There was a light display in the air that could be seen from some parts of northern New England early Monday morning that didn't make a sound: the Northern Lights.

The Mount Washington Observatory posted a picture showing the green and purple glow it said was made possible by a pocket of clearing. They were also visible at ground level at the National Weather Service office in Gray, Maine.

The Northern Lights, or aurora borealis, are created by interactions between the sun and Earth's outer atmosphere, according to the National Weather Service.

"The Sun emits electrically-charged particles called ions, which correspondingly move away from the Sun in a stream of plasma (ionized gas) known as the solar wind. As the plasma comes in contact with the Earth's magnetic field, the ions will be agitated into moving around the Earth," the agency wrote on its website.

"Some of the ions become trapped and will consequently interact with the Earth's ionosphere (an average of 60-80 miles above the surface), causing the ions to glow. This is the same principal as how a neon sign lights up. As electrons pass through the neon tubing, they glow, thus producing the light in a neon sign," the NWS wrote.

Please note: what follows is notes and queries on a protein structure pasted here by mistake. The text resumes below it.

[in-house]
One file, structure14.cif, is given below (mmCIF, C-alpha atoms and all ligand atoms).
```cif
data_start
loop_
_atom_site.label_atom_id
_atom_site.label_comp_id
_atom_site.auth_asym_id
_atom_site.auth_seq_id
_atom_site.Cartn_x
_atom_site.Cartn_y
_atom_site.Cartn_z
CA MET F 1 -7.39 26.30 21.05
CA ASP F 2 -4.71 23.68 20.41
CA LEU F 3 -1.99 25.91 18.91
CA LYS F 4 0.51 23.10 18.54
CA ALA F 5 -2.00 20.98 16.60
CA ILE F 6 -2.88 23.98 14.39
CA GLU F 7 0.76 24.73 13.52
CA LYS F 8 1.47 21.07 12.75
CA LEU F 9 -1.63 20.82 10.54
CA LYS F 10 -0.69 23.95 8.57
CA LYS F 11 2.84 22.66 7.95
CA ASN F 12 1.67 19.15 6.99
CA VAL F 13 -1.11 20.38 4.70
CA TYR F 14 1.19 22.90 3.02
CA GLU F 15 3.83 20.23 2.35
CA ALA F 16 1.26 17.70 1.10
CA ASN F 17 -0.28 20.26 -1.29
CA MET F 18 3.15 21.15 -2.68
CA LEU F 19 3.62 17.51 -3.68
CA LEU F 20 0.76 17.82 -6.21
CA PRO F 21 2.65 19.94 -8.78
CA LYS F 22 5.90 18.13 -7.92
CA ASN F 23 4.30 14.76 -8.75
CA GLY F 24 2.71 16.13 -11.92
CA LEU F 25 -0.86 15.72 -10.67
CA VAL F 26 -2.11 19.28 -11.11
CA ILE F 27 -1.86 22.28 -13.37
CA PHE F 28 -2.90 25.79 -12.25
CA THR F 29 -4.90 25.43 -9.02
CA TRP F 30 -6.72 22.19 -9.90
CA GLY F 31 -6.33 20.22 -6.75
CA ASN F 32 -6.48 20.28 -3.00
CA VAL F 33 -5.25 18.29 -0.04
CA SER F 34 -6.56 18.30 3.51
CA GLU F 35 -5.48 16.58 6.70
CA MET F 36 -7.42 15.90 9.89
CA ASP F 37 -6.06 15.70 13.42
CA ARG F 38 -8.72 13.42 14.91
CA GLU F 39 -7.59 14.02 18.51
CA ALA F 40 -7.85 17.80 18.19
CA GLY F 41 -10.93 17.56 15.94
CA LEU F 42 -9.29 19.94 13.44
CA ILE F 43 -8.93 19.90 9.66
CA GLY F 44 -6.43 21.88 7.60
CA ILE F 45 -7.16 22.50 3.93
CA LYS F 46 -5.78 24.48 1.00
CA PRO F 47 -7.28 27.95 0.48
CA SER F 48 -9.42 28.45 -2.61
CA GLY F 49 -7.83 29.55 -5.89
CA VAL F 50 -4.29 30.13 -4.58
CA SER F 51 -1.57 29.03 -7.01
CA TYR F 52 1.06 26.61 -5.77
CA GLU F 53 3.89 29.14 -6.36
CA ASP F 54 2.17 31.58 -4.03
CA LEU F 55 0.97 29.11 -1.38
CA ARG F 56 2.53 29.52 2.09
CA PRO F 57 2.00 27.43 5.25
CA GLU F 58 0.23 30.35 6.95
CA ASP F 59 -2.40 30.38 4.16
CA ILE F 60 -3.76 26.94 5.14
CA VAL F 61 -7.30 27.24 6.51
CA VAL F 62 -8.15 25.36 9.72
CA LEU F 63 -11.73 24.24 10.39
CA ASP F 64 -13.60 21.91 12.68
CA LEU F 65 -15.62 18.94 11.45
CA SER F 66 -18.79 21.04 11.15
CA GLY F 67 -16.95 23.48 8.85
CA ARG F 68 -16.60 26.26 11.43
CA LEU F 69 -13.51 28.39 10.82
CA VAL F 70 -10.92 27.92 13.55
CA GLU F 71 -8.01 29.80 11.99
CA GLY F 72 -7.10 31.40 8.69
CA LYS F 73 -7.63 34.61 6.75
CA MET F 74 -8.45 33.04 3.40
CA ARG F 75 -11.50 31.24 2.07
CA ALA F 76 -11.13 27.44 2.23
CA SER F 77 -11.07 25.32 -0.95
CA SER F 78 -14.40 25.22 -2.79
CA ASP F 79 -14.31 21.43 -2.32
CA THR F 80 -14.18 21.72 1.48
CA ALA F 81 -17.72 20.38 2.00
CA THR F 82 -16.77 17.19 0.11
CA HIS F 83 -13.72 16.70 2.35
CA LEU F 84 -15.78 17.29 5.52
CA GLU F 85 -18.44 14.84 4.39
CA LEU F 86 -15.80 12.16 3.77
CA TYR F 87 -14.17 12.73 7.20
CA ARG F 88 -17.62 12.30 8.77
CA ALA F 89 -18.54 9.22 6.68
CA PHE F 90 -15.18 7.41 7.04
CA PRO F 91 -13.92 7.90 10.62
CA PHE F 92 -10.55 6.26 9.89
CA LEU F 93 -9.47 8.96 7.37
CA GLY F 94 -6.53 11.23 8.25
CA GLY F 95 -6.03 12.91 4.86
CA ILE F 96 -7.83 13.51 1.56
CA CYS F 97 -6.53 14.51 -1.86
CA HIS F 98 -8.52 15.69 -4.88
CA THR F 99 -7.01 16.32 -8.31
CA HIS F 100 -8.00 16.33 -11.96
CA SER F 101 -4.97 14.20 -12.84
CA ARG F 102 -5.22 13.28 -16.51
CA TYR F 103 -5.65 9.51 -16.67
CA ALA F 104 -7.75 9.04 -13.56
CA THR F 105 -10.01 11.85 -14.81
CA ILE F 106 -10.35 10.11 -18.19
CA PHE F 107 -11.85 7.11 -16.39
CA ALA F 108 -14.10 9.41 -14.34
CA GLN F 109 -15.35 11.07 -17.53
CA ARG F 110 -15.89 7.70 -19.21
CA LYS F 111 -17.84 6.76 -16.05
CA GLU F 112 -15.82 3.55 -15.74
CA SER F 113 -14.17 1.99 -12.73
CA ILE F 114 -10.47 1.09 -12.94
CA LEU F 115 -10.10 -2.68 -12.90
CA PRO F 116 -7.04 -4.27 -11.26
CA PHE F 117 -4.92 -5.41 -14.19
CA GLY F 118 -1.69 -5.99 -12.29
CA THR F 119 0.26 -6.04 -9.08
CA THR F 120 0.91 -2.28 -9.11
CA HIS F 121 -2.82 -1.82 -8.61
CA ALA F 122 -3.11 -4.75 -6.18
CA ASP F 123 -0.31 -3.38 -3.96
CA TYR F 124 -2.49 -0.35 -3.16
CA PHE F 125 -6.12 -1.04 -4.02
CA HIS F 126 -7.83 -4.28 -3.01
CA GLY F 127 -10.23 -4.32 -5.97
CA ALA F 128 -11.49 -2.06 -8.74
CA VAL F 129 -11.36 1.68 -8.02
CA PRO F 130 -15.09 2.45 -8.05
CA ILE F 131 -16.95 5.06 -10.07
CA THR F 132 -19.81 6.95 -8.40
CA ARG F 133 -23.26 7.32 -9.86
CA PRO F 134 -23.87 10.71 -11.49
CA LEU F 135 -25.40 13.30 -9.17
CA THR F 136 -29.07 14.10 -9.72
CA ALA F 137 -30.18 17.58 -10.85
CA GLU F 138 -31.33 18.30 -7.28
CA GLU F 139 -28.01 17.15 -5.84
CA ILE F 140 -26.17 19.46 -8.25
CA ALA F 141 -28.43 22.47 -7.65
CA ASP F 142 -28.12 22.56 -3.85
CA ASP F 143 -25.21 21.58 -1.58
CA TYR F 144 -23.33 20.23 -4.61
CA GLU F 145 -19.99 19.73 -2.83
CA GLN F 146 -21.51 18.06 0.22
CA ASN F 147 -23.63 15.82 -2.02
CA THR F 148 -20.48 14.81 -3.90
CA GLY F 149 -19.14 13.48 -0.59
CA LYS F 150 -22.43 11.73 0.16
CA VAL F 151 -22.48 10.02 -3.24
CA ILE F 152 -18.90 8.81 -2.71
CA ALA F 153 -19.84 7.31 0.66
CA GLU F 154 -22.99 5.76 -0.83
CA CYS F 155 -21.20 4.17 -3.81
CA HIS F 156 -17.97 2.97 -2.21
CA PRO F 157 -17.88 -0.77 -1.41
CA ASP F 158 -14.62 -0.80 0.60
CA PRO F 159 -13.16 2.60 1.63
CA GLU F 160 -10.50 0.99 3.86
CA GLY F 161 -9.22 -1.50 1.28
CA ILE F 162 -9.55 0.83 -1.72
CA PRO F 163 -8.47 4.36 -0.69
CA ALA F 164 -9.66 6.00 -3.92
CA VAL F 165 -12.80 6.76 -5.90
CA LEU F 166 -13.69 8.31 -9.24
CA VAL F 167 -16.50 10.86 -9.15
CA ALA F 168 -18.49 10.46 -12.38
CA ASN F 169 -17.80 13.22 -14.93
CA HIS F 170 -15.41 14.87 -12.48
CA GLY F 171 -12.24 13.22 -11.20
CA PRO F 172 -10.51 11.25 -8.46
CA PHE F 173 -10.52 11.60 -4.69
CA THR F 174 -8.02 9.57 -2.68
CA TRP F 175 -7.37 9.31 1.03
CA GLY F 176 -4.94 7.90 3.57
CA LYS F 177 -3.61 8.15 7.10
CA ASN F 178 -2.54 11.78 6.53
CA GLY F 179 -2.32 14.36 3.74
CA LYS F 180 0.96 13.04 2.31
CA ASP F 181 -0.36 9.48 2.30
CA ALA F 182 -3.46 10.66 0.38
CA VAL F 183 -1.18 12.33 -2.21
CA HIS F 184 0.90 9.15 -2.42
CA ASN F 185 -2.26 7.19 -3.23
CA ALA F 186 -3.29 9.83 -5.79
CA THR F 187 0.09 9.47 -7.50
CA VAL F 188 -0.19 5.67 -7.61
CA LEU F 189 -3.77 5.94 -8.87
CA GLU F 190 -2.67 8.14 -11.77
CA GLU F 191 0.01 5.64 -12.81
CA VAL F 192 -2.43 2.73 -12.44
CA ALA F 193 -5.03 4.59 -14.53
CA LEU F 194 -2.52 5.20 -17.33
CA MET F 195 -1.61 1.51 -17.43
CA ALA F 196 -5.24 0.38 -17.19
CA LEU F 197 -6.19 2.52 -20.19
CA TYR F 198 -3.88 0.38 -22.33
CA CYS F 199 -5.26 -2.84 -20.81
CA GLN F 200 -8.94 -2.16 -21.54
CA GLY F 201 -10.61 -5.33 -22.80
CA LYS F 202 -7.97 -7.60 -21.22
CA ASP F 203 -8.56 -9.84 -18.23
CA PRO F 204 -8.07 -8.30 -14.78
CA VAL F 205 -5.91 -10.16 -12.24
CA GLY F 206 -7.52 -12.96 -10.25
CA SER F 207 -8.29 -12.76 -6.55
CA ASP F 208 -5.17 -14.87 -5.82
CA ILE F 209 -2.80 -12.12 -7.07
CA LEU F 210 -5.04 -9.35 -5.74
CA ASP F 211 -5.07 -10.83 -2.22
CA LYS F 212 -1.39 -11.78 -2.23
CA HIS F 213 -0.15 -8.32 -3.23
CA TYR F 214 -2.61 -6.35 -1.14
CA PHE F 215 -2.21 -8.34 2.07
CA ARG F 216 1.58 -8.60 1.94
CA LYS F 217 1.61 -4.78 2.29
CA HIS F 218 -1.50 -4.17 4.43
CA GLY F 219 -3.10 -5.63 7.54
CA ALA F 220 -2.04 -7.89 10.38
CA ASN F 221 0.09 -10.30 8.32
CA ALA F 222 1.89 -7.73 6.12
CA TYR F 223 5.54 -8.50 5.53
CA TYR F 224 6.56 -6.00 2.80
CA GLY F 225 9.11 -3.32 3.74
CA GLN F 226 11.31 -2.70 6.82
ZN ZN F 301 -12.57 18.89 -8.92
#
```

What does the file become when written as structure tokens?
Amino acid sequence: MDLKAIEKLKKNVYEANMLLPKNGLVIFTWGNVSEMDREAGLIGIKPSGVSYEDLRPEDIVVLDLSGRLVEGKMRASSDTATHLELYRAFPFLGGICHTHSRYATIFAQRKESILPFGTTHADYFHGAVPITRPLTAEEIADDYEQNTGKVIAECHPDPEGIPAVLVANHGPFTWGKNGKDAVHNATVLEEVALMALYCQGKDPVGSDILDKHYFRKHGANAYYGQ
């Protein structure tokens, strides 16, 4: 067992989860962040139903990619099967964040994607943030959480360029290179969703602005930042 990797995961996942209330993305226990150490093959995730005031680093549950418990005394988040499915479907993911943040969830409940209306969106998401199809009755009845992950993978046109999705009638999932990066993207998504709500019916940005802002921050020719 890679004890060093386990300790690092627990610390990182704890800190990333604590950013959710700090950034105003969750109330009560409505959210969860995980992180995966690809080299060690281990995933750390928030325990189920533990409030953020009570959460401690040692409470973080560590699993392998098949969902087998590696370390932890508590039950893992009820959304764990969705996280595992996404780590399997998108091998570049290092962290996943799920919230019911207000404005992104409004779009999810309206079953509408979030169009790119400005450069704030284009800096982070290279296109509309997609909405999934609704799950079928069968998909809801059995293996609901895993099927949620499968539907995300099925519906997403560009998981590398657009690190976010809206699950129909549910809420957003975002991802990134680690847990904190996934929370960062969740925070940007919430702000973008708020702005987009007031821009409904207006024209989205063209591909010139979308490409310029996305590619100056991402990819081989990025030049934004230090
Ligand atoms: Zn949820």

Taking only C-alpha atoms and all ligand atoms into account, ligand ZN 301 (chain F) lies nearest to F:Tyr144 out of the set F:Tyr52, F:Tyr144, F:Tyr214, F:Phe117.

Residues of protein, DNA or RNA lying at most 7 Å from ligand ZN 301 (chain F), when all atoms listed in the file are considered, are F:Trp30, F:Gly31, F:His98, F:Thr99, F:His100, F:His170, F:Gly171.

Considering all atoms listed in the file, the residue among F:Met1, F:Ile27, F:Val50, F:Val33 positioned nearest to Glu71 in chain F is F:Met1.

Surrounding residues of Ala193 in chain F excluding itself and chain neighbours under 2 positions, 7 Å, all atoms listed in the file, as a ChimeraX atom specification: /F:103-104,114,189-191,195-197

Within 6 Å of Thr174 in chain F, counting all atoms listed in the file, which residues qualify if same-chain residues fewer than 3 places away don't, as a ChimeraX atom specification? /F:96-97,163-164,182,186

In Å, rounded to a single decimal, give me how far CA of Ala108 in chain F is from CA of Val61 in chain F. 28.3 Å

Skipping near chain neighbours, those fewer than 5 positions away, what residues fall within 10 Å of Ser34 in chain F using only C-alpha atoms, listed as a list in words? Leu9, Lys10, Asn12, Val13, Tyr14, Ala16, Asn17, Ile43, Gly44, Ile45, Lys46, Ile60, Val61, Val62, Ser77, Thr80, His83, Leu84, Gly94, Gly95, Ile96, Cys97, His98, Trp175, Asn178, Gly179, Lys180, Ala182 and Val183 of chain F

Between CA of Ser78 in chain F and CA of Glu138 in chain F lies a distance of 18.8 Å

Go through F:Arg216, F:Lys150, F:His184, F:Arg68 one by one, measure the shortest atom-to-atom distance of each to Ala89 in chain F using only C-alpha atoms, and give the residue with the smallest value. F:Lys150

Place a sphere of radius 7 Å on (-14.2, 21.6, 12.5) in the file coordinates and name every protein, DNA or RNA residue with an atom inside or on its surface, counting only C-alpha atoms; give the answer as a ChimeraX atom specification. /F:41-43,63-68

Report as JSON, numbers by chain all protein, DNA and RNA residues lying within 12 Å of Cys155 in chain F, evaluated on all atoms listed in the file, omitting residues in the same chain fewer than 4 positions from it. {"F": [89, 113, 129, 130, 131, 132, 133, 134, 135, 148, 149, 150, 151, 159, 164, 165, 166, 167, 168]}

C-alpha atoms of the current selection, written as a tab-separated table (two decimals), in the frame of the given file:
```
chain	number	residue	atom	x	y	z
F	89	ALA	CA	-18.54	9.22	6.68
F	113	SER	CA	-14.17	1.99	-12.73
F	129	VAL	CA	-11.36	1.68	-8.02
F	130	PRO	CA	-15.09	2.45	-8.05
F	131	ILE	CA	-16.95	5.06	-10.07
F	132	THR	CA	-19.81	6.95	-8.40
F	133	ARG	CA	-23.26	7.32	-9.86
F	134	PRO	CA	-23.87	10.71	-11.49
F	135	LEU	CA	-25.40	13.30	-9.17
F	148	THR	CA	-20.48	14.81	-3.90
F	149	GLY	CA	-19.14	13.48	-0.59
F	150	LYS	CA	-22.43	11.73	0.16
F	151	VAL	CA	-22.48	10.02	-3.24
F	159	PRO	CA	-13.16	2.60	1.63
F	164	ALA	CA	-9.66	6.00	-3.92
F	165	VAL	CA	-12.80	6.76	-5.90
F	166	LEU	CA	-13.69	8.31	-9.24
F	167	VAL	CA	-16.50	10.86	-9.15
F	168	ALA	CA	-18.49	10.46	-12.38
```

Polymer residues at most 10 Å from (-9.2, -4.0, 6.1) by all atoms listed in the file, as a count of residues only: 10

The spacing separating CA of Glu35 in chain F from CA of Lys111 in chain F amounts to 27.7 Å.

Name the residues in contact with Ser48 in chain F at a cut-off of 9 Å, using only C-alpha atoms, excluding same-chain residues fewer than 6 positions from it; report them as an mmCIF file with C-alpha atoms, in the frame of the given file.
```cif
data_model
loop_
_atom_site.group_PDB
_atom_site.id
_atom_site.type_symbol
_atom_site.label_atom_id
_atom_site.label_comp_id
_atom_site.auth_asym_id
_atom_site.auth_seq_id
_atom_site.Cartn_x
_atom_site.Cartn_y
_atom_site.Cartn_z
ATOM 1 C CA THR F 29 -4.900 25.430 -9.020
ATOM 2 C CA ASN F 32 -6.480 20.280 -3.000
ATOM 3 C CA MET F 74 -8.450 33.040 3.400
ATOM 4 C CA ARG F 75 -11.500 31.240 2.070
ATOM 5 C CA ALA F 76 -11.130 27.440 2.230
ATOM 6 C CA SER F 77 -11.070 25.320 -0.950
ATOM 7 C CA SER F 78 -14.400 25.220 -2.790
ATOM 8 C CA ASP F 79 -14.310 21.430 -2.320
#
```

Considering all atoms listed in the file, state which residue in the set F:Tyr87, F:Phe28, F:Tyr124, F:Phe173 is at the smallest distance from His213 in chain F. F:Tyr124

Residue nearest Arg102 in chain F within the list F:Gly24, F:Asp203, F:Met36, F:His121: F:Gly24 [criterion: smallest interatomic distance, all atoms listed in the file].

Northern Lights seen from Mount Washington on July 4
Northern Lights seen from Mount Washington on July 4 (Mount Washington Observatory)
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A Rare Sight in New England

Northern Lights are seen the most in the northernmost latitudes during roughly half the nights during the year. The Mount Washington Observatory said they can be seen from New Hampshire 4-6 times a year on average.

"They are not unique to us as they can be seen in the lower elevations and neighboring states too. In fact, we have seen images as far south as Massachusetts from last night's event," the observatory wrote in the comments section of its post.

Northern Lights visible from the National Weather Service in Gray, Maine
Northern Lights visible from the National Weather Service in Gray, Maine (NWS Gray)
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Contact reporter Dan Alexander at Dan.Alexander@townsquaremedia.com or via Twitter @DanAlexanderNH

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